Journal Article

Acclimation to short-term low temperatures in two <i>Eucalyptus globulus</i> clones with contrasting drought resistance

F. Costa e Silva, A. Shvaleva, F. Broetto, M.F. Ortuño, M.L. Rodrigues, M.H. Almeida, M.M. Chaves and J.S. Pereira

in Tree Physiology

Volume 29, issue 1, pages 77-86
Published in print January 2009 | ISSN: 0829-318X
Published online January 2009 | e-ISSN: 1758-4469 | DOI: http://dx.doi.org/10.1093/treephys/tpn002
Acclimation to short-term low temperatures in two Eucalyptus globulus clones with contrasting drought resistance

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We tested the hypothesis that Eucalyptus globulus Labill. genotypes that are more resistant to dry environments might also exhibit higher cold tolerances than drought-sensitive plants. The effect of low temperatures was evaluated in acclimated and unacclimated ramets of a drought-resistant clone (CN5) and a drought-sensitive clone (ST51) of E. globulus. We studied the plants’ response via leaf gas exchanges, leaf water and osmotic potentials, concentrations of soluble sugars, several antioxidant enzymes and leaf electrolyte leakage. Progressively lowering air temperatures (from 24/16 to 10/−2 °C, day/night) led to acclimation of both clones. Acclimated ramets exhibited higher photosynthetic rates, stomatal conductances and lower membrane relative injuries when compared to unacclimated ramets. Moreover, low temperatures led to significant increases of soluble sugars and antioxidant enzymes activity (glutathione reductase, ascorbate peroxidase and superoxide dismutases) of both clones in comparison to plants grown at control temperature (24/16 °C). On the other hand, none of the clones, either acclimated or not, exhibited signs of photoinhibition under low temperatures and moderate light. The main differences in the responses to low temperatures between the two clones resulted mainly from differences in carbon metabolism, including a higher accumulation of soluble sugars in the drought-resistant clone CN5 as well as a higher capacity for osmotic regulation, as compared to the drought-sensitive clone ST51. Although membrane injury data suggested that both clones had the same inherent freezing tolerance before and after cold acclimation, the results also support the hypothesis that the drought-resistant clone had a greater cold tolerance at intermediate levels of acclimation than the drought-sensitive clone. A higher capacity to acclimate in a short period can allow a clone to maintain an undamaged leaf surface area along sudden frost events, increasing growth capacity. Moreover, it can enhance survival chances in frost-prone sites expanding the plantation range with more adaptive clones.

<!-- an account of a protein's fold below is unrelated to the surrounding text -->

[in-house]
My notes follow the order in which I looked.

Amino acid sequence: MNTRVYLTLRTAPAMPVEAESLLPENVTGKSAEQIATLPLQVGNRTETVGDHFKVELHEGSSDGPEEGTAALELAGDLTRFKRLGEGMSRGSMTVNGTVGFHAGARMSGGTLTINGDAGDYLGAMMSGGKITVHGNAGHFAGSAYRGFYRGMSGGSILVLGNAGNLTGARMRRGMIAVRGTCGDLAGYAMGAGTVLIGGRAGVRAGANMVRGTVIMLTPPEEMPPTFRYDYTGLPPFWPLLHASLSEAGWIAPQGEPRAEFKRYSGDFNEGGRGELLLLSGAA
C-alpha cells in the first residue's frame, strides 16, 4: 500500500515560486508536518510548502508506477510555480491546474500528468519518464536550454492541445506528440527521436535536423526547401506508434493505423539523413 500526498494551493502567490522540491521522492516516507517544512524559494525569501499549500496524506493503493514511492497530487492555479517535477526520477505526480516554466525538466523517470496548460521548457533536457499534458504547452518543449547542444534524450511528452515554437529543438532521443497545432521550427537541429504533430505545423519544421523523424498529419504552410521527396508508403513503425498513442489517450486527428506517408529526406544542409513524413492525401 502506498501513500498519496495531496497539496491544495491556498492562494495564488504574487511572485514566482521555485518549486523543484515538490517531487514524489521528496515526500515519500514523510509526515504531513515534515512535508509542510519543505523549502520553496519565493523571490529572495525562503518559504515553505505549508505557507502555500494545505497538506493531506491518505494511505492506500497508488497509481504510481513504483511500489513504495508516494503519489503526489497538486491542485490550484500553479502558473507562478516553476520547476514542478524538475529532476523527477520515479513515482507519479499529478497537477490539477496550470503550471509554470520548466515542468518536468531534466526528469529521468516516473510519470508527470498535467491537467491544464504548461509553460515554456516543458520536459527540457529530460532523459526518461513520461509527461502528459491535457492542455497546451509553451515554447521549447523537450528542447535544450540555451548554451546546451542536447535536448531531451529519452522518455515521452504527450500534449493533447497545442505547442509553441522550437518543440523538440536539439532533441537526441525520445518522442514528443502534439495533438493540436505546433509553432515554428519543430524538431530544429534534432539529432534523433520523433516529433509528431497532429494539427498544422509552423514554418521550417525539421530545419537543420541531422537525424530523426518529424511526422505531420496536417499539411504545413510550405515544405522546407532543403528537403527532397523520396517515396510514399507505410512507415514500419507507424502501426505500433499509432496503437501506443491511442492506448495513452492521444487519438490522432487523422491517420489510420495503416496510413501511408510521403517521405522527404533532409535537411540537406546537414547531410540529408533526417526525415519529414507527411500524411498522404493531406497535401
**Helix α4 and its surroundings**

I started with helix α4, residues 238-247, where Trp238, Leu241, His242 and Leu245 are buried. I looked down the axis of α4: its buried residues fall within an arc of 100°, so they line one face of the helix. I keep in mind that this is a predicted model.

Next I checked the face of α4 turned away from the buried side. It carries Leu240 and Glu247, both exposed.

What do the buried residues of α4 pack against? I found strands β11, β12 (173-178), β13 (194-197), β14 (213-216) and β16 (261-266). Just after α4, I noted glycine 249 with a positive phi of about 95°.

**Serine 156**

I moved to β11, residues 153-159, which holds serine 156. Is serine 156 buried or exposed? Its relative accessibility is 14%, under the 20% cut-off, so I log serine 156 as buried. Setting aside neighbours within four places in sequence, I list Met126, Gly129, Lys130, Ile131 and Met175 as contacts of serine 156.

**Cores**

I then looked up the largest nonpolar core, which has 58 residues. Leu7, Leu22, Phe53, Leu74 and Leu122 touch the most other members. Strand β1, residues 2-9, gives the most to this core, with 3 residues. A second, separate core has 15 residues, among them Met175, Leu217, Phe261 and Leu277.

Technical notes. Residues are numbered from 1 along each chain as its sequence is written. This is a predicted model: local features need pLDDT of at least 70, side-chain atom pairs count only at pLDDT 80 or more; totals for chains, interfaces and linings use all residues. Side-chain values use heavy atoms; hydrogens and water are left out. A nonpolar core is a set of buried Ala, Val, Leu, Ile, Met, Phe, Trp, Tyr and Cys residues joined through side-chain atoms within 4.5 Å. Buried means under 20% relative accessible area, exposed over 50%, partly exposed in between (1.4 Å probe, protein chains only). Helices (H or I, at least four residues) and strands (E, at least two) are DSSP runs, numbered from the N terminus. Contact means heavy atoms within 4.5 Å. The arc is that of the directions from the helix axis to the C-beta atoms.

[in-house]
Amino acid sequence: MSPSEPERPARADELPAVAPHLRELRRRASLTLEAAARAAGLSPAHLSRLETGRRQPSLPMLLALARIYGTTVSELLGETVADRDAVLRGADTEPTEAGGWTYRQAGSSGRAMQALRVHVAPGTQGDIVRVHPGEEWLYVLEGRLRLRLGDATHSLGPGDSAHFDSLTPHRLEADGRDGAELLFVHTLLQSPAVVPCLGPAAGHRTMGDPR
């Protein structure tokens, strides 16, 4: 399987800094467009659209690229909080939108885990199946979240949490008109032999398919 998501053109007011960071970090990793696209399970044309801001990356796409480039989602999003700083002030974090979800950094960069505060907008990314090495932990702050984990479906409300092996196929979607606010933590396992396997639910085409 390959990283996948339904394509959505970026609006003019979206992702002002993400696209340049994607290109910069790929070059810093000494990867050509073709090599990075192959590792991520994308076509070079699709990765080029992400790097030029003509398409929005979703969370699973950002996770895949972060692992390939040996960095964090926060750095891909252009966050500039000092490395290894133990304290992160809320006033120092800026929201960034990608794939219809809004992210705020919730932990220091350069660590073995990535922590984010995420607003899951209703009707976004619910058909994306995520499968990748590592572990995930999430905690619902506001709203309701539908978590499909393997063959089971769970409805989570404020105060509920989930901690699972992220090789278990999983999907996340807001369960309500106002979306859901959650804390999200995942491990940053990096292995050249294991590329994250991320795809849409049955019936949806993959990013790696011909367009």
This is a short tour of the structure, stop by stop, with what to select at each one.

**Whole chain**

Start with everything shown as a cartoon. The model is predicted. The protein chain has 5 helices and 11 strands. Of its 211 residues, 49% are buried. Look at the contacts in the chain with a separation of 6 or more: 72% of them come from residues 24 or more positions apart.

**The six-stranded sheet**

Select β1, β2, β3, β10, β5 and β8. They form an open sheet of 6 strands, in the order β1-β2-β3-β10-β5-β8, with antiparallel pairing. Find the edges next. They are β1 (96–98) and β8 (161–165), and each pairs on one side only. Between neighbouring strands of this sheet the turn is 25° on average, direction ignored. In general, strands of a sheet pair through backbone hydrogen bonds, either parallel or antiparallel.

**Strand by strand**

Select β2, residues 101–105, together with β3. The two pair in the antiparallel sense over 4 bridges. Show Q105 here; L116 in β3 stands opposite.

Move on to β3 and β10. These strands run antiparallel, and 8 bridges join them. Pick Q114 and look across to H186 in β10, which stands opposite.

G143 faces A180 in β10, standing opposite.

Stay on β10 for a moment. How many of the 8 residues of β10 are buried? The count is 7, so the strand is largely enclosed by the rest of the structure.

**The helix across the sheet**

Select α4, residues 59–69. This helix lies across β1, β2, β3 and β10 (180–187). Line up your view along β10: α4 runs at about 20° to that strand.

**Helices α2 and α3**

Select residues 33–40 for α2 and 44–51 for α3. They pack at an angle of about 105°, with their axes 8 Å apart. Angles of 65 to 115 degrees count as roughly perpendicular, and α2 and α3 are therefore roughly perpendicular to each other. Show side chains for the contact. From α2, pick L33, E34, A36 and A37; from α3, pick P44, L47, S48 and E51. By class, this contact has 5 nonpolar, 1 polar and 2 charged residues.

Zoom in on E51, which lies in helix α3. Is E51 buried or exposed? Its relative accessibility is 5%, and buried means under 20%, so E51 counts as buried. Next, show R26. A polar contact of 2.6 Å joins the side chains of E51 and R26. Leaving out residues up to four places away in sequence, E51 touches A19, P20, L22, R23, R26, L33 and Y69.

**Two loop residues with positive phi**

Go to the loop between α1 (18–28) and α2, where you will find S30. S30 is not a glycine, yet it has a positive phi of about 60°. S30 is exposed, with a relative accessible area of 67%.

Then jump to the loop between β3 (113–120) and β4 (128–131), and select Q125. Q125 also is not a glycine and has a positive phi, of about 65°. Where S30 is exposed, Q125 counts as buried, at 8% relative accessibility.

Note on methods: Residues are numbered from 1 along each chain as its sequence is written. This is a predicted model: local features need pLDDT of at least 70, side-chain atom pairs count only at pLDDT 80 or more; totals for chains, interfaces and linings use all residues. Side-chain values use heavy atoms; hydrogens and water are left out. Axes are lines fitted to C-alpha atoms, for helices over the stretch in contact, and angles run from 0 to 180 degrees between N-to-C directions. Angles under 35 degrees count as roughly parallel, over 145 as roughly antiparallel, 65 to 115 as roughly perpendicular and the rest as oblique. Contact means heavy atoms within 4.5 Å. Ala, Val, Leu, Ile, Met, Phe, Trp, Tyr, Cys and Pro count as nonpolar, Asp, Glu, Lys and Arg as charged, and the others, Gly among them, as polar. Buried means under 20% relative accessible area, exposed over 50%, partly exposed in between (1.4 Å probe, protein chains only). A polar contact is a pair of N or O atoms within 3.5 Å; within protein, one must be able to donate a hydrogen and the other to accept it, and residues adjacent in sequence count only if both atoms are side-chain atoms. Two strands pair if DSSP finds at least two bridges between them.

Keywords: antioxidant capacity; chilling; dehydration tolerance; freezing; solute accumulation

Journal Article.  6106 words.  Illustrated.

Subjects: Plant Sciences and Forestry

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